pthread in Linux vs Windows

This is a discussion on pthread in Linux vs Windows within the C++ Programming forums, part of the General Programming Boards category; Hi, I have some questions regarding pthread related to windows and linux. pthread is supported in both linux and windows. ...

  1. #1
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    Unhappy pthread in Linux vs Windows

    Hi,

    I have some questions regarding pthread related to windows and linux. pthread is supported in both linux and windows. In multithreading environment we use mutex/critical section/semaphore to synchronize operations on shared resource.

    This is specific to windows

    Mutex :
    * kernel objects
    * multi-process capability
    * timeout support for signals
    * slow performance compare to critical section

    Critical Section :
    * user level objects
    * no muti-process capability
    * infinite wait for signals
    * high performance

    Currently I'm optimizing a code which used both _beginthread (Win API) and pthread_create (pthread API). As well as they used pthread mutex, CRITICAL_SECTION, and Windows Mutex.

    My questions are,
    1. What is the relation between thread and mutex/critical section?
    2. Using of pthread_mutex_t in _beginthread() or CRITICAL_SECTION in pthread_create() will have any impact?
    3. Why mutex initialization creating new handle? Why critical section initialization not creating events?

    Please help me out from this.

  2. #2
    Cat without Hat CornedBee's Avatar
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    1) None, as such. Threads are, well, threads. Mutexes and Win32 Critical Sections are synchronization objects.
    2) Shouldn't have any. In other words, unless whatever pthread library you're using is doing some seriously weird stuff, they should operate without problems.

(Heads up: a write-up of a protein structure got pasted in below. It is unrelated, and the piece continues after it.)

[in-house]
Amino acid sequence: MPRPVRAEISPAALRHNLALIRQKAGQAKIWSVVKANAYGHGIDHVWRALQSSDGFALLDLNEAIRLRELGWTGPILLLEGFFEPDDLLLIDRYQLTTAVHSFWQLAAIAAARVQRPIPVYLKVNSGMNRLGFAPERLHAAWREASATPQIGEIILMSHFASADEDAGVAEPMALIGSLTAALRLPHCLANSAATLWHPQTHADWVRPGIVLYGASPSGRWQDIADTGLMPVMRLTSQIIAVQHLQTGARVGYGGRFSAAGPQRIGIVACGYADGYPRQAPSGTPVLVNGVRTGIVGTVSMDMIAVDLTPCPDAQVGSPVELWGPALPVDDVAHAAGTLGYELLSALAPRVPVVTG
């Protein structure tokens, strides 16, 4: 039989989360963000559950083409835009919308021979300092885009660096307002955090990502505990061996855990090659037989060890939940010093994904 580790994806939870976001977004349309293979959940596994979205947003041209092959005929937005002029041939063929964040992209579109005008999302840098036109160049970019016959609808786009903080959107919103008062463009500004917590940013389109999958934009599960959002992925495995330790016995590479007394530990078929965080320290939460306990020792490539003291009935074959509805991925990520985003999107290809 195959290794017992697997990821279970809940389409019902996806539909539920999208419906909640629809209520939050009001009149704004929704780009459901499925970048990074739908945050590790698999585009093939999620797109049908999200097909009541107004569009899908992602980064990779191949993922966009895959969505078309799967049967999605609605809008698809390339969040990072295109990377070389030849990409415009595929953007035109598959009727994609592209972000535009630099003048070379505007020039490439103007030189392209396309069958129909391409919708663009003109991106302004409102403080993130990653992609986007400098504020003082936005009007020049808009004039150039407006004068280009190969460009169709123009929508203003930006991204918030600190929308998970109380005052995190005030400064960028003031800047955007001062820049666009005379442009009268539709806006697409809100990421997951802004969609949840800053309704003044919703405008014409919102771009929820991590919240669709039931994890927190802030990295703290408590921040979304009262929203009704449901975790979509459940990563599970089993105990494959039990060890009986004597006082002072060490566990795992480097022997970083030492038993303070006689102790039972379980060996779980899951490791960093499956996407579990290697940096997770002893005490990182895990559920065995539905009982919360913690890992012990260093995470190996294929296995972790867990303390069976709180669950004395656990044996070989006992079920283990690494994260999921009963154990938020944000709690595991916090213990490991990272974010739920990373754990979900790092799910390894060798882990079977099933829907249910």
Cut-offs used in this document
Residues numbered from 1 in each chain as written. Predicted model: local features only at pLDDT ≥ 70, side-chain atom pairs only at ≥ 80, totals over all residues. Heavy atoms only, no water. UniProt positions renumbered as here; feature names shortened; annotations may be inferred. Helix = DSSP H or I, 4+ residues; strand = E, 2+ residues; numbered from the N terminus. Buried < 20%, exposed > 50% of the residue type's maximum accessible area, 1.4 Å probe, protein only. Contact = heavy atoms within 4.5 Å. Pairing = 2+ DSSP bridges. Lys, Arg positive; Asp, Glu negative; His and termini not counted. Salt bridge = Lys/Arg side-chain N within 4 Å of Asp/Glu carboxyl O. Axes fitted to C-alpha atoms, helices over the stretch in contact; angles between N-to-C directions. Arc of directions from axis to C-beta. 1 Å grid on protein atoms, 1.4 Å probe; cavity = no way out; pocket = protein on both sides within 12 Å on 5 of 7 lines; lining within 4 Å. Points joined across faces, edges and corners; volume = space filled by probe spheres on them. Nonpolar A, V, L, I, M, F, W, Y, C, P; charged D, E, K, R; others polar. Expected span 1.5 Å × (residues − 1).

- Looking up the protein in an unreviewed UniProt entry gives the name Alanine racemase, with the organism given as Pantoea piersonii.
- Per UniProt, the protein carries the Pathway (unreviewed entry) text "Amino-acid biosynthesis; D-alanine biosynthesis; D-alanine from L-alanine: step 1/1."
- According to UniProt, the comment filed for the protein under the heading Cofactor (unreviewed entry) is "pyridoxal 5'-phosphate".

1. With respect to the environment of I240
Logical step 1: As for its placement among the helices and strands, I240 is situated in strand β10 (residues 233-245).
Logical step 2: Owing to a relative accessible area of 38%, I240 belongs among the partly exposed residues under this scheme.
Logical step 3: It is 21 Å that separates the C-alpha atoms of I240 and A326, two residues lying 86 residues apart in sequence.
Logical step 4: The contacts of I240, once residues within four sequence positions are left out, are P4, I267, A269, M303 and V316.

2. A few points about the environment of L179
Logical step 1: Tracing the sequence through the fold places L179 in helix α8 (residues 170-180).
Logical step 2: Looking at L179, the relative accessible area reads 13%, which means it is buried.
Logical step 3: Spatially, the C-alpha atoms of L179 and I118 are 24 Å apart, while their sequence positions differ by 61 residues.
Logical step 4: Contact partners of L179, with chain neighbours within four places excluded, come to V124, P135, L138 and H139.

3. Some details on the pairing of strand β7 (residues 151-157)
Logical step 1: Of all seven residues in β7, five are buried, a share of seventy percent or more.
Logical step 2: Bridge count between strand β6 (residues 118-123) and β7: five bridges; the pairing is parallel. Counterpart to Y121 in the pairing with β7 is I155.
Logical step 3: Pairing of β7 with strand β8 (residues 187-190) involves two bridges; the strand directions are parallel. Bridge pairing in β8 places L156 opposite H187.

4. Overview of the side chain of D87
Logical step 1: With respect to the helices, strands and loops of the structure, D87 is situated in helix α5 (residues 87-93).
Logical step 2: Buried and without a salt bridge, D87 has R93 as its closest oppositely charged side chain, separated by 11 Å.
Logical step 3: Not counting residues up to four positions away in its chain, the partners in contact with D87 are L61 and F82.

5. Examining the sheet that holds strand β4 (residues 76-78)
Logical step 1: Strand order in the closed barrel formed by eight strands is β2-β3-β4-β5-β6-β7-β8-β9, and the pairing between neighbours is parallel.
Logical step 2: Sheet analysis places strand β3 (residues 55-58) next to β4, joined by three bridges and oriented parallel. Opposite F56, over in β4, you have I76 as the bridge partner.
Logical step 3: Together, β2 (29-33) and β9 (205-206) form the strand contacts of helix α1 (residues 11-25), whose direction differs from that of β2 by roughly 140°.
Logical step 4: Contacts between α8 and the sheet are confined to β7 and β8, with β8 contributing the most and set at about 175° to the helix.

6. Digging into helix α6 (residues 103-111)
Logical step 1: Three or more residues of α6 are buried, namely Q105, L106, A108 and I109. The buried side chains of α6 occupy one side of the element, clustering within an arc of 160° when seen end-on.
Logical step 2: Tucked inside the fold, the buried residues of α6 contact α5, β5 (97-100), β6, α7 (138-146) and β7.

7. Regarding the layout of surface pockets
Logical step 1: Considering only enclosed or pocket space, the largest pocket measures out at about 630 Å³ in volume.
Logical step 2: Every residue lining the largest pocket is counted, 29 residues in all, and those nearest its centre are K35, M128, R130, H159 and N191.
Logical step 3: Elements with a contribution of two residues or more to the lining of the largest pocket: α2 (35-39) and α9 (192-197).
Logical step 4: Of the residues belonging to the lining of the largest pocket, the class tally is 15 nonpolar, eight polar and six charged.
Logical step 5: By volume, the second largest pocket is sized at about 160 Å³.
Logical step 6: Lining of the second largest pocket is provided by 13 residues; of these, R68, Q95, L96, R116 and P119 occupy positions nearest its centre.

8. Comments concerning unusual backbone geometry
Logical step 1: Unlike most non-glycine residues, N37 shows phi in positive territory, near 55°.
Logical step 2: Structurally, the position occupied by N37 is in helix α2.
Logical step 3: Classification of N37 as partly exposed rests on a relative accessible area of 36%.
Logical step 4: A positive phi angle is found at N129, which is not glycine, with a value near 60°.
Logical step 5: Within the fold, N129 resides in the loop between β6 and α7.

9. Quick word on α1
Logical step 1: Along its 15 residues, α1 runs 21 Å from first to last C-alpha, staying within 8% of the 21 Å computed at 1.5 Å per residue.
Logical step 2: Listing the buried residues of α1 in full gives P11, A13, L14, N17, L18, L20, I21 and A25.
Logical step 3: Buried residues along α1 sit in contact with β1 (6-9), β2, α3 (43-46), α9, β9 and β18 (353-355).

3) Can you clarify the questions?
    All the buzzt!
    CornedBee

    "There is not now, nor has there ever been, nor will there ever be, any programming language in which it is the least bit difficult to write bad code."
    - Flon's Law

  3. #3
    'Allo, 'Allo, Allo
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    Quote Originally Posted by richardforc View Post
    3. Why mutex initialization creating new handle?
    Because that's how you interact with kernel objects on Windows. If you're asking why you get a handle rather than a mutex object to interact with then lookup the benefits of Handle-Body idiom or pimpl which equates to the same thing.

    Why critical section initialization not creating events?
    It does
    Code:
    // from WinNT.h
    typedef struct _RTL_CRITICAL_SECTION {
        PRTL_CRITICAL_SECTION_DEBUG DebugInfo;
    
        //
        //  The following three fields control entering and exiting the critical
        //  section for the resource
        //
    
        LONG LockCount;
        LONG RecursionCount;
        HANDLE OwningThread;        // from the thread's ClientId->UniqueThread
        HANDLE LockSemaphore;
        ULONG_PTR SpinCount;        // force size on 64-bit systems when packed
    } RTL_CRITICAL_SECTION, *PRTL_CRITICAL_SECTION;
    typedef RTL_CRITICAL_SECTION CRITICAL_SECTION;
    The LockSemaphore member is an event that is waited on if the lock is held by another thread. For more information: Critical sections under Windows

  4. #4
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    Question

    Quote Originally Posted by CornedBee View Post
    1) None, as such. Threads are, well, threads. Mutexes and Win32 Critical Sections are synchronization objects.
    I read that unlocking sync object(especially pthread mutex) produce a signal. If it is so, what will happen if no thread waiting to acquire lock. Whether any special handling is required to handle that signal or we can leave it as it is (windows will take care that).

    3) Can you clarify the questions?
    Question is regarding opening 'event' handle in pthread mutex (you can see it using handle.exe). One new event handle is created when calling pthread_mutex_init(). But, InitializeCriticalSection() not creating such a 'event' handle.
    Last edited by richardforc; 02-06-2011 at 12:58 AM.

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